Four Hundred Years of the King James Bible

The King James Bible celebrates its 400th birthday in a unique exhibit at the Museum of Biblical Art.

Four Hundred Years of the King James Bible

The King James Bible celebrates its 400th birthday in a unique exhibit at the Museum of Biblical Art.

By Rick Hamlin, New York, New York

As appeared in

I carry a battered old copy of the King James Bible that I turn to every morning on my subway ride to work. Those phrases with their magnificent cadences, “The Lord is my shepherd; I shall not want…” “Our father, which art in heaven,” have supported me and millions of other believers on our journeys. But were it not for a disgruntled king and the work of a small group of scholars, we wouldn’t be celebrating the four hundredth anniversary of the greatest book in the En­glish language.

Recently I visited a remarkable museum on the second floor of the American Bible Society in New York to find out how this groundbreaking translation came to be. From July 8 through October 16, the Museum of Biblical Art is putting on an exhibit celebrating the King James Bible’s four hundredth birthday. My guide was the curator, an enchanting white-haired classics scholar named Dr. Liana Lupas. Together we looked at the various copies of the King James Version on display.

There was the Aitken Bible, the first KJV to be printed in America and the only Bible ever recommended by Congress. “It was printed in 1782,” my guide said, “and as you can see, the name of any king is conspicuously absent.”

Because I’m an editor she thought I’d appreciate another copy of the KJV, one the meticulous English publisher Isaac Collins printed. “There are almost no typos in it, because he offered his children a dollar for every mistake they could find.” Then there was the leather-bound Bible with a rusty chain attached to it.

“The English king demanded that every church have a Bible available for all to read,” she said. Apparently this one needed to be secured so no one could walk away with it.

No doubt about it, Scriptures printed in language easy enough to be understood by “a boy that driveth the plough,” as the early English translator Tyndale put it, was invaluable. But what motivated King James I to request a new version?

The clue was under glass and in very small print. When King James assembled all the leaders of the Church of England at Hampton Court in 1604 to take on the task, he was ruling over a country that was becoming increasingly divided between Puritans and conformists. There were several English Bibles and one in particular got his goat, the Geneva Bible, a translation published in 1560 by Protestant exiles.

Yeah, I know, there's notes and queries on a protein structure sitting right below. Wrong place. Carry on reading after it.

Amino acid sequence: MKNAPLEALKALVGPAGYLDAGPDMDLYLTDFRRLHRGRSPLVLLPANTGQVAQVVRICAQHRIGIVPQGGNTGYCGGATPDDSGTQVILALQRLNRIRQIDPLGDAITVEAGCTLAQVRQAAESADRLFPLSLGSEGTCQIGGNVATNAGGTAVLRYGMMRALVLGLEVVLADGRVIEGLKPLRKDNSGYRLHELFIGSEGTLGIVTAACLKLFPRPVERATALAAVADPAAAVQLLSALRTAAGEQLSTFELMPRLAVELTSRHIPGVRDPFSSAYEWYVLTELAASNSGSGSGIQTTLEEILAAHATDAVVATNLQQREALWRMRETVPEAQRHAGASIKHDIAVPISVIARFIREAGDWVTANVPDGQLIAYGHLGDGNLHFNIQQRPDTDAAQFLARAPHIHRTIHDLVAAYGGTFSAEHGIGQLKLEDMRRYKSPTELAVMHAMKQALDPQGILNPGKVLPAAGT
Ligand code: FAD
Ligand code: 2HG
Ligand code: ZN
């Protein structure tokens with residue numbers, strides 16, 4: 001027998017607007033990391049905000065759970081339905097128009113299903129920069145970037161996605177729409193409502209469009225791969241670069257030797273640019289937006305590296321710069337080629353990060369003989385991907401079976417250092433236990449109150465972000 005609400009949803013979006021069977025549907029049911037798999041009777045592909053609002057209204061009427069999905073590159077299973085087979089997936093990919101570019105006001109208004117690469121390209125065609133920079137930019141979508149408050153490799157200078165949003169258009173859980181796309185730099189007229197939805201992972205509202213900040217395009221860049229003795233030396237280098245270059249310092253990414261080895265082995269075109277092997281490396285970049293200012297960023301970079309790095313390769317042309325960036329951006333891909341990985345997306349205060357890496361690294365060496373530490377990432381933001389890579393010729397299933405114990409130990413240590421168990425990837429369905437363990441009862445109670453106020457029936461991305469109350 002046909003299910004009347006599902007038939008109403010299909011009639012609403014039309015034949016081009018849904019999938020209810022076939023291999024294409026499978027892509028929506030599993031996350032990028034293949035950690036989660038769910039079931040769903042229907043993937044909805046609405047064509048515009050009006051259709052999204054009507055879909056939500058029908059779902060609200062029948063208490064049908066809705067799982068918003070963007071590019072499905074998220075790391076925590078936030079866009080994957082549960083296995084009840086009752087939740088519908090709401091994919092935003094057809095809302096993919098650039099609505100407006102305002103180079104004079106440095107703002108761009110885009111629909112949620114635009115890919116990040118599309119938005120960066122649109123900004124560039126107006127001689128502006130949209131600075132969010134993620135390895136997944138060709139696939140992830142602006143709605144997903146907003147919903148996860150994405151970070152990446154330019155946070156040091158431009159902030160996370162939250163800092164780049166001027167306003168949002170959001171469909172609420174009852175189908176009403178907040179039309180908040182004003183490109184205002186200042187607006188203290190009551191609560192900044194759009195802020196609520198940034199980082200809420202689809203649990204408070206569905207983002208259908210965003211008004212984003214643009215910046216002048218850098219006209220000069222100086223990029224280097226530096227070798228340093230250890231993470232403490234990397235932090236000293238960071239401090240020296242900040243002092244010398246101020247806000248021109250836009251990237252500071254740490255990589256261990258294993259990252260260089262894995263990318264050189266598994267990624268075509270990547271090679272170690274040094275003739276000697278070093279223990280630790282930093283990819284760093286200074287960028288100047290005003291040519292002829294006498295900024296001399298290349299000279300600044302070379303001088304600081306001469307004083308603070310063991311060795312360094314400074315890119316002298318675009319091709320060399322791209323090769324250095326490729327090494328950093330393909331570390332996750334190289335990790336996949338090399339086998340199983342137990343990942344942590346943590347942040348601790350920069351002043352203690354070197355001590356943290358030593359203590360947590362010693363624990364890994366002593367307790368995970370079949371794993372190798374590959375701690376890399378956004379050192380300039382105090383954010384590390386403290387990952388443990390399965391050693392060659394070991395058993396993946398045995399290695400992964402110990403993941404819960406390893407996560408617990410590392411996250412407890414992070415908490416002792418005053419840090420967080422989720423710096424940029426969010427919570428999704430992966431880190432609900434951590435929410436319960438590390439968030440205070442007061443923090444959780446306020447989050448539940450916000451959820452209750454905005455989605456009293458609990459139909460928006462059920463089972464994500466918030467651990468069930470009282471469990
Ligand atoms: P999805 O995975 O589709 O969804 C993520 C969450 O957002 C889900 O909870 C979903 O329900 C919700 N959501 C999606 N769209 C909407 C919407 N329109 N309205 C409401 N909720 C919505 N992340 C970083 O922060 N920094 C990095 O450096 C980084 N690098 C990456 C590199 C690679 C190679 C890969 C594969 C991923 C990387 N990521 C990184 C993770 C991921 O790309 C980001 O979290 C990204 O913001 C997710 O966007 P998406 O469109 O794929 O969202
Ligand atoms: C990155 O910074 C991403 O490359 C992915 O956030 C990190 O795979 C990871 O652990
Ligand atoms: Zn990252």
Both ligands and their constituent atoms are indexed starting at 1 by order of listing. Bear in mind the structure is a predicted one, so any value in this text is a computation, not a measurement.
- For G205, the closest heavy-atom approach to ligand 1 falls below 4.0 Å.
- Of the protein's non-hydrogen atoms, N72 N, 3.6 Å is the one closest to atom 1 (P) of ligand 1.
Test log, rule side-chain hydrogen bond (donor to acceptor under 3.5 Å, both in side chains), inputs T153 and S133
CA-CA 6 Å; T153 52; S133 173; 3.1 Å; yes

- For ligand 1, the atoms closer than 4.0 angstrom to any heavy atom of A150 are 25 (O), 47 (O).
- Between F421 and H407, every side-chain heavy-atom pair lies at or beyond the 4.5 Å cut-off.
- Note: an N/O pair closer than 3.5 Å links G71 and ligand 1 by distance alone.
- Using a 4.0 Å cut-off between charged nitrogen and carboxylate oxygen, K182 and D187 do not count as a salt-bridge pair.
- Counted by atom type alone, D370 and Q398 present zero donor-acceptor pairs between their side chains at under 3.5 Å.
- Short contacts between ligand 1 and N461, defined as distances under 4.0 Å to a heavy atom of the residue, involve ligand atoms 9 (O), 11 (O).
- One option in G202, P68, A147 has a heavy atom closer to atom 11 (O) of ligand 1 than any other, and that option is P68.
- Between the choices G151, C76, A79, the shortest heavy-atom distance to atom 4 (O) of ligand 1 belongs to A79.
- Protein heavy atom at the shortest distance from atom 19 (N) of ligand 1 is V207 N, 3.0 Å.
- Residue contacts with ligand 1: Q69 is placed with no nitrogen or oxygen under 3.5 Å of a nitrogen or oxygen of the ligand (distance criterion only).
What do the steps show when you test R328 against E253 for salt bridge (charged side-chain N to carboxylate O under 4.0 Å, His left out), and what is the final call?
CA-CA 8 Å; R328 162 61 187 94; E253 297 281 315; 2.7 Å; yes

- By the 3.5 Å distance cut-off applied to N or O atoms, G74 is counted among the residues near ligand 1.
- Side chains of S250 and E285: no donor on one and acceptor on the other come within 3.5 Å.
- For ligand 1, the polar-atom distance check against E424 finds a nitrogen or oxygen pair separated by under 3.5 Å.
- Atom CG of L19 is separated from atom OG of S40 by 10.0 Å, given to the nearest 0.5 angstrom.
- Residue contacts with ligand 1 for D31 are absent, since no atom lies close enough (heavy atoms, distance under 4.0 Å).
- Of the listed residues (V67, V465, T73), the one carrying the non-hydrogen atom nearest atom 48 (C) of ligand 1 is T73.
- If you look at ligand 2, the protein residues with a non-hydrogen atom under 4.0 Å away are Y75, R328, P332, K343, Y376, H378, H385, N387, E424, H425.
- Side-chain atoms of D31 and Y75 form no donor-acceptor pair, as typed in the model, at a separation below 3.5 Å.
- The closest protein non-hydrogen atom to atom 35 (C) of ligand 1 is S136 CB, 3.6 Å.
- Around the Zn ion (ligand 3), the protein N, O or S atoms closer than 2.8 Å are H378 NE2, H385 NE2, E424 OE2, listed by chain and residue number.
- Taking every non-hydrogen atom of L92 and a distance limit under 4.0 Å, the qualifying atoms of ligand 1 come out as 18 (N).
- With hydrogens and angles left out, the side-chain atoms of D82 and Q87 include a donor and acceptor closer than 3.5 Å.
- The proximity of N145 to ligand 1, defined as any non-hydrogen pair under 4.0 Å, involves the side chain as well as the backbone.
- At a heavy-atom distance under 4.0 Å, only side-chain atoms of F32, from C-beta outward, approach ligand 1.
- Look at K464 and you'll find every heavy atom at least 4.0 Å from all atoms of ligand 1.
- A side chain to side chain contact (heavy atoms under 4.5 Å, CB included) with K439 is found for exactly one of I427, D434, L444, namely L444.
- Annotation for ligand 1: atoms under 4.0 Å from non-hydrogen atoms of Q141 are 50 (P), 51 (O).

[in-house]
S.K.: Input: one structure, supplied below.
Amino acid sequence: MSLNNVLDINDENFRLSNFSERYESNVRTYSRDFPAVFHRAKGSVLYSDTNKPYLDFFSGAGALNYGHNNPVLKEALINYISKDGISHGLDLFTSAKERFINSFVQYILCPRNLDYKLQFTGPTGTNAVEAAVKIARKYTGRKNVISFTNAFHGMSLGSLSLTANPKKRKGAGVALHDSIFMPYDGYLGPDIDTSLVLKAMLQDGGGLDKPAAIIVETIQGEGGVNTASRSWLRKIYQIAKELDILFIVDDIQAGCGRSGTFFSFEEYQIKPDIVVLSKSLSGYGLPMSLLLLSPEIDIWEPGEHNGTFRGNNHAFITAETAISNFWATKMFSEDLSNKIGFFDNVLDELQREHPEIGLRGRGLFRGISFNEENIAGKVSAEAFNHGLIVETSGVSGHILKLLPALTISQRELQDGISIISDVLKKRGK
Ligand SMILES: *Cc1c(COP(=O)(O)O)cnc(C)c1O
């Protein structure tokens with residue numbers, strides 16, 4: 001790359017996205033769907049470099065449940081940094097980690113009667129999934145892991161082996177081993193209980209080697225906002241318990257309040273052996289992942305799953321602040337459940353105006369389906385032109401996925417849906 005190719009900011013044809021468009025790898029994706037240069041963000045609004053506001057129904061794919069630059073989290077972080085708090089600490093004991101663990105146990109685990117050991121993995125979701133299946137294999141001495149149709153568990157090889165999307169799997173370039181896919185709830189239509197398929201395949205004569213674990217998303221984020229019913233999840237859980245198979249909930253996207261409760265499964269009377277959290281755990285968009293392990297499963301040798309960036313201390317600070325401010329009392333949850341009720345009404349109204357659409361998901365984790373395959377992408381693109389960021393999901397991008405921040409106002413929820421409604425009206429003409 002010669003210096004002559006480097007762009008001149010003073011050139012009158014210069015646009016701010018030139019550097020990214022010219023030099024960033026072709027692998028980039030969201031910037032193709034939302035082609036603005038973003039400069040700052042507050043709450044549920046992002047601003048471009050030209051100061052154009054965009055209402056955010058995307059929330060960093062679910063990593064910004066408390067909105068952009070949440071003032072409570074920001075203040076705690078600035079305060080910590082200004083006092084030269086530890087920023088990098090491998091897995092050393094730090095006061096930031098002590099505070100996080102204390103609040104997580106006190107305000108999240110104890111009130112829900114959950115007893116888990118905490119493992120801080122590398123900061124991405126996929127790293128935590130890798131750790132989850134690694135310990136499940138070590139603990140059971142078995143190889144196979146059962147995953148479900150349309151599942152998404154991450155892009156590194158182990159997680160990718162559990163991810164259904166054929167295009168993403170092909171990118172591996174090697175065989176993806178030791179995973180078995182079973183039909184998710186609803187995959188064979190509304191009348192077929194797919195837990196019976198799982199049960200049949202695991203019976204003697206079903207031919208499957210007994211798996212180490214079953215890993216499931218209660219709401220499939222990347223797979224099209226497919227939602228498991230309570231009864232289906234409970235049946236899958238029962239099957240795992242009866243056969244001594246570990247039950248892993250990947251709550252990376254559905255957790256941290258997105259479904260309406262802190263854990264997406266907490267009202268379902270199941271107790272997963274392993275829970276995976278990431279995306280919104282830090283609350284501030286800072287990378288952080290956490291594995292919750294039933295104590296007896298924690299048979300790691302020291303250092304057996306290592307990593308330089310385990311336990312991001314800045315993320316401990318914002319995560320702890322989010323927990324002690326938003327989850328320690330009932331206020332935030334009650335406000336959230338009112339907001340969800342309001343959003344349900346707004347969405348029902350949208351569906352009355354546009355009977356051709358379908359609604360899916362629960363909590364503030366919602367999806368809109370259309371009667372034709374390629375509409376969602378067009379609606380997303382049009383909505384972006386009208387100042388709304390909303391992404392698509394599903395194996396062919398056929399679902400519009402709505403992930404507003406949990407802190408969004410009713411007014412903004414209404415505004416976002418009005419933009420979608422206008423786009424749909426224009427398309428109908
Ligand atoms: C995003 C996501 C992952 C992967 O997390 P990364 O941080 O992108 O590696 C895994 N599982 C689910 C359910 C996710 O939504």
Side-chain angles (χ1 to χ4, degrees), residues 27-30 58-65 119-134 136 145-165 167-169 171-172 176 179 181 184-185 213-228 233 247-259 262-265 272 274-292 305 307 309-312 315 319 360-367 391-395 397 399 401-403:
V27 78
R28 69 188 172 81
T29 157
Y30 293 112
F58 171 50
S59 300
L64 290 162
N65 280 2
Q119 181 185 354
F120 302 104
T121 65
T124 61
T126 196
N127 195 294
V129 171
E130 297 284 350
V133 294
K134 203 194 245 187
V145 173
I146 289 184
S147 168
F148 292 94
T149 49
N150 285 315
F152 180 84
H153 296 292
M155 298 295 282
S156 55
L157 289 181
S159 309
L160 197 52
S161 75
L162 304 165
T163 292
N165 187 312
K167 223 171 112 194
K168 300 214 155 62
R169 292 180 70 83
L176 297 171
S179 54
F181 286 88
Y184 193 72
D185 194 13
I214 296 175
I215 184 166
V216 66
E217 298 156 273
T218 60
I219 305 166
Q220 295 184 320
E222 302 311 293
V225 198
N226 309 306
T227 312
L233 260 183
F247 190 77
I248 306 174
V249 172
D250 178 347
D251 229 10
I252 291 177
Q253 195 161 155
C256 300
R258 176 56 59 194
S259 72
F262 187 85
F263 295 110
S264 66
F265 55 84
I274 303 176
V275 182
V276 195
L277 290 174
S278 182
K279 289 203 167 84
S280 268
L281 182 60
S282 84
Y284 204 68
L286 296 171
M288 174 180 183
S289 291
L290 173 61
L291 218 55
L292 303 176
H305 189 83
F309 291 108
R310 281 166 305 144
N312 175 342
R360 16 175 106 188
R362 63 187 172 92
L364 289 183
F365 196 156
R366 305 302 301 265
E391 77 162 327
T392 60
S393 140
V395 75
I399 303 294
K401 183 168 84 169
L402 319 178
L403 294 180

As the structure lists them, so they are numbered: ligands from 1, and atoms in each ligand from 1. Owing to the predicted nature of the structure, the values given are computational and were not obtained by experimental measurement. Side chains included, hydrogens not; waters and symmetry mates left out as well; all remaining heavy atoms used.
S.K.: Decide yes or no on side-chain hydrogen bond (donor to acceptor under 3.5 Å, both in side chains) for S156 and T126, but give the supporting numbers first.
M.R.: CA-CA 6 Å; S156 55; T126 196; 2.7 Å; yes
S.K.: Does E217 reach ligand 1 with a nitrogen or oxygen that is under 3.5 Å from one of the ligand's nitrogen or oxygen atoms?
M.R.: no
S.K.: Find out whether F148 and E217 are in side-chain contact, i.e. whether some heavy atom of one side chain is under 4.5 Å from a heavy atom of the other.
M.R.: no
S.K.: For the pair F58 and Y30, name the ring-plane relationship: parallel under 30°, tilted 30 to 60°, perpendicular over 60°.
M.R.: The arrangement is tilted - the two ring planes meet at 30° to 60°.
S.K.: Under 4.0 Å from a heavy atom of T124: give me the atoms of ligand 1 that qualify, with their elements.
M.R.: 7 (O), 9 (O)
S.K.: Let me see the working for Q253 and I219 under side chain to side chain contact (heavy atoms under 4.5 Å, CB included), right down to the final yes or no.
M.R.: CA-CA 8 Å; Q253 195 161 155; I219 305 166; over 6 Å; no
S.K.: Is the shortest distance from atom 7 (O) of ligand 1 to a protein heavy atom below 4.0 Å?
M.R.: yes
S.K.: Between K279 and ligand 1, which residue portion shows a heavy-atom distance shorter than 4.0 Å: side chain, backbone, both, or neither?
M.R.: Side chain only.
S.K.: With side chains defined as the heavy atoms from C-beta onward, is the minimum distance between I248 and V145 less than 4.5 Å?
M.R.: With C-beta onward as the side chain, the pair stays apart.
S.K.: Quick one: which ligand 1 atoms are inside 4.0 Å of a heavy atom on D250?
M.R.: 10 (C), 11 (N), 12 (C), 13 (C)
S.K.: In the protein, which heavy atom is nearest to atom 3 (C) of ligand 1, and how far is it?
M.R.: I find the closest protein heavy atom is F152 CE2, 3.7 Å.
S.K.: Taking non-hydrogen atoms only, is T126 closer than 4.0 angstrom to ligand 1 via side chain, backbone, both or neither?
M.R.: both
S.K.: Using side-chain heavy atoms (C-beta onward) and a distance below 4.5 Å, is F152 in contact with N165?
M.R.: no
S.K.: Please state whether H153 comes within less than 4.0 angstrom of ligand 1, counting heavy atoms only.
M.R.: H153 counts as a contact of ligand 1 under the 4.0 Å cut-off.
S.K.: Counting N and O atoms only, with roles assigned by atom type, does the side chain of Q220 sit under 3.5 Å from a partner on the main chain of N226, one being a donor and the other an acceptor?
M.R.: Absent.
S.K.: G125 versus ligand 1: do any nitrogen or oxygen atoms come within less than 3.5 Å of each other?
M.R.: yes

“It wasn’t the text that bothered him as much as the notes printed in the margin,” Dr. Lupas told me.

There in the first book of Exodus the text describes how the Hebrew midwives disobeyed the Egyptian king. Next to verse 19, in the smallest type, an editor noted: “Their disobedience herein was lawful.” The comment was simply unacceptable to King James I. He felt the country needed a translation with no commentary or interpretation, a Bible that would get all his subjects on the same page.

The result was the most significant literary achievement ever accomplished by committee. The KJV was the Bible that ultimately all Englishmen and women read and eventually the one we Americans came to know. Because of its popularity Abraham Lincoln could say, “A house divided against itself cannot stand,” and all his listeners would understand the biblical reference.

It has provided so many phrases in the English language, like “fatted calf” and “pearls before swine,” we forget they came from Scripture. And it continues to give people like me, typing on a laptop rather than driving a plough, comfort and solace.

I thanked the curator and got back on the subway. I took my Bible out of my bag and read: “Surely goodness and mercy shall follow me all the days of my life and I will dwell in the house of the Lord forever.” The words felt as fresh as the day they were printed 400 years ago.   

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